[124:2] Bower, vol. i., p. 331.

    [124:3] Chap. xlv.

    [125:4] So intense was Gregory’s hatred of learning, that he angrily rebuked the Archbishop of Vienna for suffering grammar to be taught in his diocese, and contemplated burning all the writings in existence that were not devoted to the cause of Christianity.

    [125:5] Vol. III., p. 169.

    [125:6] Chap. xlv.

    [125:7] Bower, vol. i., p. 425.

    [126:8] Jortin, vol. iii., p. 56.

    [126:9] 682 A.D., Jortin, vol. iii., p. 62.

    [126:1] Bruys, Histoire des Papes, vol. i., p. 499; Bower, vol. i., p. 496.

    [126:2] Bower, vol. ii., p. 14.

    [126:3] See p. 112.

    [126:4] Bower, vol. ii., pp. 63, 65.

    [127:5] Wilks, p. 64.

    [127:6] La Châtre, Histoire des Papes, vol. i., p. 350.

    [127:7] Wilke, p. 66.

    [127:8] Wilke, p. 69.

    [127:9] Ibid, p. 74.

    [127:1] H. Foulis, p. 134.

    [127:2] Bower, vol. ii., p. 292.

    [128:3] Brays, vol. ii., p. 176.

    [128:4] La Châtre, vol. i., p. 463.

    [128:5] Bower, vol. ii., p. 299.

    [128:6] Bower, vol. ii., p. 300; Jortin, vol. iii., p. 105.

    [128:7] Bower, vol. ii., p. 300.

    [129:8] History of the Papacy, vol. ii., p. 36.

    [129:9] Bower, vol. ii., p. 313.

    [129:1] Wilks, p. 87.

    [130:2] Wilks, p. 88; Bower, vol. ii., p. 317.

    [130:3] Bower, vol, ii., p. 320.

    [130:4] Vol. III., p. 309.

    [130:5] Vol. II., p. 278.

    [130:6] La Châtre, vol. i., p. 570.

    [130:7] Wilks, p. 96.

    [131:8] Bower, vol. ii., p. 336.

    [131:9] P. 99.

    [131:1] Wilks, p. 100.

    [131:2] Bower, vol, ii., p. 340.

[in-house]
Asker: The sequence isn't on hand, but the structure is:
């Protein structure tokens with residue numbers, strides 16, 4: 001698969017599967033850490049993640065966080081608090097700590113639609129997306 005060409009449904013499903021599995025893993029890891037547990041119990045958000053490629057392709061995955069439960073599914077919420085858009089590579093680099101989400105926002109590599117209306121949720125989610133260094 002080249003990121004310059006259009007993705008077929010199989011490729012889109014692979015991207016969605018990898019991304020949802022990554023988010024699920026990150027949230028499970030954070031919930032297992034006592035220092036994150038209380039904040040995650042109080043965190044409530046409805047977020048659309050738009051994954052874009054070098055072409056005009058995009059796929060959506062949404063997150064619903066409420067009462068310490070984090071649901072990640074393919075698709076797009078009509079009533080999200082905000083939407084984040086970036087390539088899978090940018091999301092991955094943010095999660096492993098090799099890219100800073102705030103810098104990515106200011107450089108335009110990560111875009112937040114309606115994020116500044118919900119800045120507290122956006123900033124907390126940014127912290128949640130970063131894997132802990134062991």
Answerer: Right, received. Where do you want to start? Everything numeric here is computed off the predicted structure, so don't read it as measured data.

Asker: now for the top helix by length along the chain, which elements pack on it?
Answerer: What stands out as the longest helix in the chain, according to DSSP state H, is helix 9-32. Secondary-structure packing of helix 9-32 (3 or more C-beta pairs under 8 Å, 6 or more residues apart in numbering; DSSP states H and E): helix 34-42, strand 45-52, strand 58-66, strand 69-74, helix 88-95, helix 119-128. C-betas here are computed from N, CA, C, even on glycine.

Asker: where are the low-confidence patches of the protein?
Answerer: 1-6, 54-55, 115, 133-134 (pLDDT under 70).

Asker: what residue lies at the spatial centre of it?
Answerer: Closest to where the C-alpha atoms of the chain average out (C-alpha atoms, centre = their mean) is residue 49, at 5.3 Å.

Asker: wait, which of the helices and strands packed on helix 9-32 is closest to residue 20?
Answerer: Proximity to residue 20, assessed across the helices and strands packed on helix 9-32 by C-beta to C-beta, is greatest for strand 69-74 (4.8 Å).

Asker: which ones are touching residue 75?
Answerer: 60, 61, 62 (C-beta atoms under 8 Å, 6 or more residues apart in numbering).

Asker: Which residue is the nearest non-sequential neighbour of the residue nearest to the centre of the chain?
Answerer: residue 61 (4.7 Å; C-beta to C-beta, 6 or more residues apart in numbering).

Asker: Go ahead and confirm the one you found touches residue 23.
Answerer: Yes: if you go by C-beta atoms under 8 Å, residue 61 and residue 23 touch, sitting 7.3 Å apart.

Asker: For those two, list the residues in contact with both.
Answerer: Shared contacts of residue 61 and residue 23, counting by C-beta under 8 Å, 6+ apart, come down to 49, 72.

[131:3] Vol. III, p. 124.

    [131:4] Vol. II, p. 328.

    [132:5] Wilks, p. 120.

    [132:6] Ibid, pp. 127 and 286.

    [132:7] Mosheim, vol. ii., p. 455.

    [132:8] Wilks, p. 231.

    [133:9] La Châtre, vol. ii., p. 117; Mosheim, vol. ii., p. 548.

    [133:1] Wilks, p. 137.

    [133:2] Bower, vol. iii., p. 45.

    [133:3] Wilks, p. 145, and La Châtre.

    [134:4] McClintock and Strong’s Encyclopaedia, Clement V; and La Châtre.

    [134:5] Wilks, p. 149.

    [134:6] Vol. IV., p. 84.

    [134:7] Bower, vol. iii., p. 137.

    [135:8] Wilks, p. 158.

    [135:9] Wilks, p. 161.

    [135:1] Renaissance in Italy, vol. i., p. 318.

    [135:2] P. 320.

    [135:3] Wilke, pp. 166, 167.

    [136:4] Symonds, vol. i., pp. 321-328.

    [136:5] The Popes of Rome during the 16th and 17th centuries, vol. i. p. 31; 1886.

    [137:6] Vol. III, p. 384.

    [137:7] Vol. III., p. 31.

    [137:8] P. 169.

    [137:9] Vol. i., p. 338.

    [137:1] Symonds, vol. i., p. 339.

    [138:2] Vol. III., p. 31.

    [138:3] P. 170.

    [138:4] Vol. I, p. 346.

    [138:5] Ranke, vol. i., p. 35. See also Waddington, p. 655.

    [138:6] Mosheim, vol. iii., p. 84.

    [138:7] Ranke, vol. i, pp. 36, 37.

    [138:8] Vol. III., p. 84.

    [138:9] Ranke, vol. i., p. 163.

    [139:1] Ranke, vol. i., p. 164.

    Reference